The least-gratuitous sex scenes ever filmed
Alright, quieten down everyone... we're all grown-ups here. No giggling!
But the skill of Park Chan-wook's direction means that, while The Handmaiden itself is swaggeringly, swoon-inducingly sexy, the scenes of actual sex therein are not supposed to be exciting for the audience. Instead, they brilliantly capture the excitement of the characters involved. Chan-wook manages to avoid predictable voyeurism and makes these scenes absorbing rather than arousing. They're a significant element of the story and its characters.
This non-gratuitousness is relatively rare for onscreen love-scenes – more usual is Game of Thrones and its constant jumble of breasts (‘balanced out’ by the odd flash of penis). But The Handmaiden isn’t unprecedented in depicting sex for all the right reasons. Listed below are the best examples of when on-camera sex, real or simulated, is entirely justified.
Theo and Hugo (2016)
Theo and Hugo was one of the sweetest films of last year. It's a beautiful, sincere romance that has you rooting for its two lovers from the very beginning. The fact that it begins with an extremely explicit gay orgy scene is by-the-by.
That's not quite true – the sex-club basement orgy is completely necessary. It's a singular introduction to the protagonists, and the only way to start Theo and Hugo's story (which, of course, is the story of Theo and Hugo). Even the explicitness is important: the filmmakers aren't squeamish about openly showing sex, and this pays dividends – you really believe in the sudden connection between the two men.
Lust, Caution (2007)
In Ang Lee’s brilliant period drama, Wong Chia Chi is an undercover resistance agent in occupied Shanghai, part of an assassination plot against Japanese agent Mr Yee. She’s already lost her virginity to a fellow conspirator, in a brief innocuous encounter meant to prepare her for the inevitable moment when she’ll have to seduce her target.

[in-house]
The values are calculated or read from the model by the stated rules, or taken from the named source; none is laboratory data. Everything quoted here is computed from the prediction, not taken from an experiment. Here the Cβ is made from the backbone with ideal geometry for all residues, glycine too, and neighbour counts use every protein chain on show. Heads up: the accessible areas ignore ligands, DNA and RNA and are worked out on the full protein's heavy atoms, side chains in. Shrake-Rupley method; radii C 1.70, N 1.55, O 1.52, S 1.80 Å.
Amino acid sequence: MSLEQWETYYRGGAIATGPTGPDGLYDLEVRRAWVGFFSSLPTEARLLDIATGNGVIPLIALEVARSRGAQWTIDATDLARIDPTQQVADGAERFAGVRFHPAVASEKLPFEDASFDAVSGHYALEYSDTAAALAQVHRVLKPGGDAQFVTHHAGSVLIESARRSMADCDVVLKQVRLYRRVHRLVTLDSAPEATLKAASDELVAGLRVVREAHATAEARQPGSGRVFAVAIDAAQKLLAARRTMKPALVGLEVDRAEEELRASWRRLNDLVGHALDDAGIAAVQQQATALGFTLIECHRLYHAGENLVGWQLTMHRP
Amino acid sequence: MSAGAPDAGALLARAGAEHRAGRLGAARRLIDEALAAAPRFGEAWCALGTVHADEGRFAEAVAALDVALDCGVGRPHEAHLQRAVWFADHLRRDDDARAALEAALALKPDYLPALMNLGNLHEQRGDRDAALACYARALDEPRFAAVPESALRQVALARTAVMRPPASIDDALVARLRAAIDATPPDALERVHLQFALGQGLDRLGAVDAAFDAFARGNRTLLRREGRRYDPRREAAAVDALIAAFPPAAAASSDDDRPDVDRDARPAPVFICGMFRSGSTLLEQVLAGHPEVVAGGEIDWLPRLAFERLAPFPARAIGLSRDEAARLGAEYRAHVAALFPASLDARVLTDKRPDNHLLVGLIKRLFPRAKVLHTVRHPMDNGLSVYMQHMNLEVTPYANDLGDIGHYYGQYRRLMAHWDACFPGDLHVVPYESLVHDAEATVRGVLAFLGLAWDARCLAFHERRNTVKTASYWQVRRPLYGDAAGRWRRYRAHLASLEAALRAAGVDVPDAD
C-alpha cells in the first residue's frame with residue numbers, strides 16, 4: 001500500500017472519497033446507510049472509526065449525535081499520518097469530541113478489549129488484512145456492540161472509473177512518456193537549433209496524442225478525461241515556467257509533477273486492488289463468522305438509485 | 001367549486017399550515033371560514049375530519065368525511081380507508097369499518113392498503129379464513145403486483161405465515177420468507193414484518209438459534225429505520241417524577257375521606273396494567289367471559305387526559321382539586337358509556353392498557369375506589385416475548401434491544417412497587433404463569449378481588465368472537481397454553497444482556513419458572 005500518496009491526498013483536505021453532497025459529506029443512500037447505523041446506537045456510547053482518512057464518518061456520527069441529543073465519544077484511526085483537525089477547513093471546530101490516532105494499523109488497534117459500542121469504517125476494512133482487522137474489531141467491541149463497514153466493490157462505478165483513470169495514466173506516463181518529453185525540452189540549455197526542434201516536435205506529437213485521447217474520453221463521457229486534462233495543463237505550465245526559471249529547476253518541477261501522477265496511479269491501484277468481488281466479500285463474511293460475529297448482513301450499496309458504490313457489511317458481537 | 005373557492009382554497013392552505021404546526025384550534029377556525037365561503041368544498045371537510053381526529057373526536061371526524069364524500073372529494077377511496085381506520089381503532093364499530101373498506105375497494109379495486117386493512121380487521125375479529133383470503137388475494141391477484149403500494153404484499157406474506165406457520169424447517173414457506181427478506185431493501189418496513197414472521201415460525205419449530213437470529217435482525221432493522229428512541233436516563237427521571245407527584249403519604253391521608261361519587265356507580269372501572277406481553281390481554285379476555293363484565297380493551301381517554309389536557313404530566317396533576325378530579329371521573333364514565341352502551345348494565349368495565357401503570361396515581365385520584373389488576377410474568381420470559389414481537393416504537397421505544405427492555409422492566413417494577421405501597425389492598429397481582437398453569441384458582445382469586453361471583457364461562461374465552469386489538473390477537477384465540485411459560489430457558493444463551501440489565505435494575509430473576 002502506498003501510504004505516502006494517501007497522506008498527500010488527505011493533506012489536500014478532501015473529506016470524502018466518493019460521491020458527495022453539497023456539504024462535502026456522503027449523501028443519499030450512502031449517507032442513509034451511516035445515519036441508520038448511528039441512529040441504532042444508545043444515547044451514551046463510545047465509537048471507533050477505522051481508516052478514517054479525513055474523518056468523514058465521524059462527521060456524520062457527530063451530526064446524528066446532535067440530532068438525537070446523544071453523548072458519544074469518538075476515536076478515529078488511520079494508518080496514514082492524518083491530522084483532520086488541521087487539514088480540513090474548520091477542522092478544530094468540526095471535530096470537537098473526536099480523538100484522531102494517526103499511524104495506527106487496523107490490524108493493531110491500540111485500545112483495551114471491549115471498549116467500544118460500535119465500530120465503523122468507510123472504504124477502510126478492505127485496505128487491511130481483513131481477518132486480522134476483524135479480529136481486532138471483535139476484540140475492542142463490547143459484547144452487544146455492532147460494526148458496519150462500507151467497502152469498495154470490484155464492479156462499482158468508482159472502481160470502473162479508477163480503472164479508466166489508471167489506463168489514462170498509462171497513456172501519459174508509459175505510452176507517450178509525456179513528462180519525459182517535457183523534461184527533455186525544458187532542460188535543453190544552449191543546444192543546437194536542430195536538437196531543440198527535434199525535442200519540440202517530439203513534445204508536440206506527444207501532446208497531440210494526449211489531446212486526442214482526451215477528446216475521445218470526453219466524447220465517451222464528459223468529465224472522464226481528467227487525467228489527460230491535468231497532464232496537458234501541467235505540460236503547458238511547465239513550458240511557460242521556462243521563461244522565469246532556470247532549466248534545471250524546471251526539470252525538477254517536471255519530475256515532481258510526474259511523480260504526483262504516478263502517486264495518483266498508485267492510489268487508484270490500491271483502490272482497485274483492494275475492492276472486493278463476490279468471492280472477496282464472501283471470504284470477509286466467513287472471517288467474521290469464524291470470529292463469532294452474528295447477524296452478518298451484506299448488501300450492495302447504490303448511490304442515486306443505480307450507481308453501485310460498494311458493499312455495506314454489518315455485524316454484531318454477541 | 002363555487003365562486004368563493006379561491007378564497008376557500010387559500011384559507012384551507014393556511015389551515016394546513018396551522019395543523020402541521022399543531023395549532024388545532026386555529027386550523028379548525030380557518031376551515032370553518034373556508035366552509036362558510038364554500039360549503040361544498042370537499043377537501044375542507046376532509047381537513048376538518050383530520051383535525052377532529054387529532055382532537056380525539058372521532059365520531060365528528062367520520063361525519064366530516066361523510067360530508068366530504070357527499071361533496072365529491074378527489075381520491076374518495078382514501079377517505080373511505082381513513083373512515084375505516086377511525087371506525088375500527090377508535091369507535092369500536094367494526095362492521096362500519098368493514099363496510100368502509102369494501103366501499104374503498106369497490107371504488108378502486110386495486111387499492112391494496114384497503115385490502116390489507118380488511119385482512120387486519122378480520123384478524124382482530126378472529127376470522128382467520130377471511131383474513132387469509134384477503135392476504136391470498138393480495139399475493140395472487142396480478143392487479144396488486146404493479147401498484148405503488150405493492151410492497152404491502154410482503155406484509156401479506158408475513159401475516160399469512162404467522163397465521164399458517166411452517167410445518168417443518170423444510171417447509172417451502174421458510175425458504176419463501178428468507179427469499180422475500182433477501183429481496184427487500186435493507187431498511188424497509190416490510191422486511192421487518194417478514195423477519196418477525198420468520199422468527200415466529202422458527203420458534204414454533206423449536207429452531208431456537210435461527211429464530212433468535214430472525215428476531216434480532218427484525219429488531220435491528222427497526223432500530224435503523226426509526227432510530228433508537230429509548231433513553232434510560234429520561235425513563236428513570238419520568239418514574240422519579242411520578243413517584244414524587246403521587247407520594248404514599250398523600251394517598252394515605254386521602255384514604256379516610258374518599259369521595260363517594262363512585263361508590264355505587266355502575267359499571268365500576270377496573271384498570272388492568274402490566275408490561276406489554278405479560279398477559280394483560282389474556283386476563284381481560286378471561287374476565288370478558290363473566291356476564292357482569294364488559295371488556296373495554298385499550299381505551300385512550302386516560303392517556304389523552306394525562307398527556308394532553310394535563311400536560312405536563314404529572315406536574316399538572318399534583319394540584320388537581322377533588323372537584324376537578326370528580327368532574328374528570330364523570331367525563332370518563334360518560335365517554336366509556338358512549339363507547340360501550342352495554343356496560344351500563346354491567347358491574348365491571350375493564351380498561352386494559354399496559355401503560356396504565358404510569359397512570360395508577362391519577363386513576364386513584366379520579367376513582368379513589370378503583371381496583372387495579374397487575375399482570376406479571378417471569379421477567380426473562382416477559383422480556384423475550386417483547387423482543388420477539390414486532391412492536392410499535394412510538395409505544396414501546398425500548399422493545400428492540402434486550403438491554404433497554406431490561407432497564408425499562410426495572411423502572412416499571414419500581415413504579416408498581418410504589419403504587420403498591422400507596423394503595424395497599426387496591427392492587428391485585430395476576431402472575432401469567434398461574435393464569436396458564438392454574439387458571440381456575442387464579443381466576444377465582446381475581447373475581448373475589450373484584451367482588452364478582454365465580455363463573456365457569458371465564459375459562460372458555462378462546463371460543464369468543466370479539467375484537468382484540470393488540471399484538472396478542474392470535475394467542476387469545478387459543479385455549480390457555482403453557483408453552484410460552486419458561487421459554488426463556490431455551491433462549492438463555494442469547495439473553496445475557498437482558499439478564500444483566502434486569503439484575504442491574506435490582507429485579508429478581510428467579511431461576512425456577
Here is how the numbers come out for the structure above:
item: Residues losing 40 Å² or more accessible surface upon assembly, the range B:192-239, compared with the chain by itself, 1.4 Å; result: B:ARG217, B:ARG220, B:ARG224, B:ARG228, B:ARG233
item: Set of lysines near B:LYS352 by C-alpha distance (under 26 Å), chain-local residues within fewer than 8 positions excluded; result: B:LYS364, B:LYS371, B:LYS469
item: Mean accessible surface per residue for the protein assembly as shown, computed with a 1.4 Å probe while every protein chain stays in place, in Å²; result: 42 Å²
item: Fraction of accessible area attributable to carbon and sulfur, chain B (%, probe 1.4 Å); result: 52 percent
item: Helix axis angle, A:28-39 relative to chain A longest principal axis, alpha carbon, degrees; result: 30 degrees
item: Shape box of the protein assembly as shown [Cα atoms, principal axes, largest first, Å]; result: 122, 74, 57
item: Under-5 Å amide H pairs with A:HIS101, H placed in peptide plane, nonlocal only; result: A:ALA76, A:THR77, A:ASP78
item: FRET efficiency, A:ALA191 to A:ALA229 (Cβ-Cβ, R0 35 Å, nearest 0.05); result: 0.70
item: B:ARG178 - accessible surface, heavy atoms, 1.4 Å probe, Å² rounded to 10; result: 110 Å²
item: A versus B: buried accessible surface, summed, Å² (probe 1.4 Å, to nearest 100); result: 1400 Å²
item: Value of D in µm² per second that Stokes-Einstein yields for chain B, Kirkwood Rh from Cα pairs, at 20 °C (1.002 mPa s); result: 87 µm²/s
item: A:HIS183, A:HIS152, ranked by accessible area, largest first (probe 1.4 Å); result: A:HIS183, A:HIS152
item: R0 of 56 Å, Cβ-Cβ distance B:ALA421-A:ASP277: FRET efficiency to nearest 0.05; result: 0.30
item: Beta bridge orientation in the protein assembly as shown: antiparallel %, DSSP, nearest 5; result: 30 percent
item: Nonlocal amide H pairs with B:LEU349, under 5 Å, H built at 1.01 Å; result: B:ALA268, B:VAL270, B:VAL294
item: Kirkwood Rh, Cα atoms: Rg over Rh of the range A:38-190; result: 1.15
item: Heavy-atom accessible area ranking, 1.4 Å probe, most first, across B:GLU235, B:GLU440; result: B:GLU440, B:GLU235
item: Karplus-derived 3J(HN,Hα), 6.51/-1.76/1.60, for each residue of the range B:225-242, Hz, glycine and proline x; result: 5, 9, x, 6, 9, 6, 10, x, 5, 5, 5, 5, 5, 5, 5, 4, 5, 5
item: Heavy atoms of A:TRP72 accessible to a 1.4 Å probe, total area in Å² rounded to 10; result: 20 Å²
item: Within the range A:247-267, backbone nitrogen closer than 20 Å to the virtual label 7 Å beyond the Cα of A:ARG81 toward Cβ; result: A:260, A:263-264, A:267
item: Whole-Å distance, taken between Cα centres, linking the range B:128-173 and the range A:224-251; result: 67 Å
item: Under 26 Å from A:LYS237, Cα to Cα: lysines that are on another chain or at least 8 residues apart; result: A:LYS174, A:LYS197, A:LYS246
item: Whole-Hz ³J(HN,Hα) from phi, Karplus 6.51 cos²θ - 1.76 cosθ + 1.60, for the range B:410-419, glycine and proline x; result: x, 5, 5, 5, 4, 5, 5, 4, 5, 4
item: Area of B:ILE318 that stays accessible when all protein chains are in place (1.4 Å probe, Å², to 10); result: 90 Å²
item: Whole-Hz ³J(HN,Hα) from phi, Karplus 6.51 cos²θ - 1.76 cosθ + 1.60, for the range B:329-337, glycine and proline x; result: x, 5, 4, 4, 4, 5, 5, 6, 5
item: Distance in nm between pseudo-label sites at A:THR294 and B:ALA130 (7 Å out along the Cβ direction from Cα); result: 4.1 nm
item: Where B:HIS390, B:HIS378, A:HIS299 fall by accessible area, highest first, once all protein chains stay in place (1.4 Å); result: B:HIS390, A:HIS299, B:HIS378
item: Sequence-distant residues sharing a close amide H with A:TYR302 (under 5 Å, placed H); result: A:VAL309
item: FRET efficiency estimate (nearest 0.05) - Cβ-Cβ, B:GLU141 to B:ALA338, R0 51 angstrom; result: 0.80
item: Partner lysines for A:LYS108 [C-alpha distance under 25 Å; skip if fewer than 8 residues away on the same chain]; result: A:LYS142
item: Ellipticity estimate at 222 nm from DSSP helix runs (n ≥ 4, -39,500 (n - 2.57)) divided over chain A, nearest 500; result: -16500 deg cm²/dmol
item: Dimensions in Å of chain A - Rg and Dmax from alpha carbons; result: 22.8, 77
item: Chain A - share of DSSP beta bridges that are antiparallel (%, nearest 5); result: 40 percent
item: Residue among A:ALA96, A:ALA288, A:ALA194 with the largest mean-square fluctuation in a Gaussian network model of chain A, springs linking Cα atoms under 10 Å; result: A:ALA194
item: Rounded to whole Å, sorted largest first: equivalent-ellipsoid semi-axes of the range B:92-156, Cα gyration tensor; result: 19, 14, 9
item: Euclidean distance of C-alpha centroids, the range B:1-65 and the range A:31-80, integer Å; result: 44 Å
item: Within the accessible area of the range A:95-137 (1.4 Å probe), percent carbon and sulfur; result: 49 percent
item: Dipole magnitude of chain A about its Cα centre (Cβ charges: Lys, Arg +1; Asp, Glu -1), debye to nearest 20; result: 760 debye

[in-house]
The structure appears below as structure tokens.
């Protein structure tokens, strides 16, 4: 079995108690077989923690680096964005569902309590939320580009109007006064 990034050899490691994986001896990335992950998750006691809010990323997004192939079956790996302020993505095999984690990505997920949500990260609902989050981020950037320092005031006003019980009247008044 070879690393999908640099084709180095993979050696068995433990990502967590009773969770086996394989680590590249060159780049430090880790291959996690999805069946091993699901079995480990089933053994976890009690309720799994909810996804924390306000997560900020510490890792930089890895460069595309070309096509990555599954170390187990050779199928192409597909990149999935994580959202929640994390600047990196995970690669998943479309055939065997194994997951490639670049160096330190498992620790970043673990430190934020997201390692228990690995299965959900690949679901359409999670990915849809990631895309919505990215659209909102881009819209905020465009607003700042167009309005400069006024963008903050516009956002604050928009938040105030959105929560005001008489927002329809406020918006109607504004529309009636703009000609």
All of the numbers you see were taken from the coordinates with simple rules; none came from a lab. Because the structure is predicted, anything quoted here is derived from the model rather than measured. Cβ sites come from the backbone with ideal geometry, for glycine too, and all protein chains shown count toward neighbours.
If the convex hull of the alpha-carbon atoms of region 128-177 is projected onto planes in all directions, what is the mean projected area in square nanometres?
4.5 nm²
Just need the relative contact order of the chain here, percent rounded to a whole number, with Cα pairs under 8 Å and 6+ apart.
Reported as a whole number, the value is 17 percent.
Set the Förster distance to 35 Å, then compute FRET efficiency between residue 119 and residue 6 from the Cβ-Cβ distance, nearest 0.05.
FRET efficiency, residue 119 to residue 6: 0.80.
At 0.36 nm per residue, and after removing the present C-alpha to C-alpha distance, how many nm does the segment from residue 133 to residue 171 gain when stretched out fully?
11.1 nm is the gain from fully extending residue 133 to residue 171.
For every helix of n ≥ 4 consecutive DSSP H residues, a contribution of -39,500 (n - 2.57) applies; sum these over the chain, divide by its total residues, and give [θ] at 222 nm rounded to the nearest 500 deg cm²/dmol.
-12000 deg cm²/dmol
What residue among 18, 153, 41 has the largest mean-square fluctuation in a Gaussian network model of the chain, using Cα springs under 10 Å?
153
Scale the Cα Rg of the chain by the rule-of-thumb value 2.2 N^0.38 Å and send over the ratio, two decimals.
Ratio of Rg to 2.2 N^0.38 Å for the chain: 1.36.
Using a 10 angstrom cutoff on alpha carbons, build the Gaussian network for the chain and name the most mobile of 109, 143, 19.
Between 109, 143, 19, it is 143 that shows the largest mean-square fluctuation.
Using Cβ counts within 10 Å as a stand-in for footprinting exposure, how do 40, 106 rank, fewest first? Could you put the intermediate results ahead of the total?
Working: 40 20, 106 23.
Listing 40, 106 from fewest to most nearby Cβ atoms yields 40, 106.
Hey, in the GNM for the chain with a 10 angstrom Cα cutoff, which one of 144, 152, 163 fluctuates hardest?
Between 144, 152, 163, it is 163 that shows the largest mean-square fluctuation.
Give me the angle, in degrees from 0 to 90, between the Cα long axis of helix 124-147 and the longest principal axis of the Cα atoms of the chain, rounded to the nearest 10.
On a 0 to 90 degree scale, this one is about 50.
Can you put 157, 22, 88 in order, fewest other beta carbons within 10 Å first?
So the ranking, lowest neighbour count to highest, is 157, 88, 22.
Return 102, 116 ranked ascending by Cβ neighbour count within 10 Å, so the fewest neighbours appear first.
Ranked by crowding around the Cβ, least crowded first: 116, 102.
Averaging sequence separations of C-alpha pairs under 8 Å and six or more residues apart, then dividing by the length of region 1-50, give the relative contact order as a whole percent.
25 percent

Chia Chi’s limited experience is no help when she finally gets this target alone in an empty room. The composed and taciturn Yee immediately flips, and his near-violent expression of desire sends shockwaves through the rest of Lust, Caution. Chia Chi’s final, fatal decision at the end of the film only makes sense in the context of this scene: it expresses the intensity that she never knew she was missing, and which she ultimately finds too addictive to abandon.
Another scene set in East Asia, but one about as different from Lust, Caution’s as it’s possible to be. But then Tampopo is different from most films. It’s a ‘noodle western’: not just a western set in Japan, but a western in which the entire plot involves a showdown between noodle restaurateurs. Really.
The story itself noodles along aimlessly, interspersed by little vignettes and side-plots that meditate on the nature of food. The sex scene in question – in which two lovers make innovative use of a hotel’s room service – is one of these vignettes. No, it might not be entirely necessary plot-wise, but it’s a lovely, joyful part of the film’s thematic patterning, balancing out a darker scene about last meals. Plus it shows you how sensual an egg yolk can be.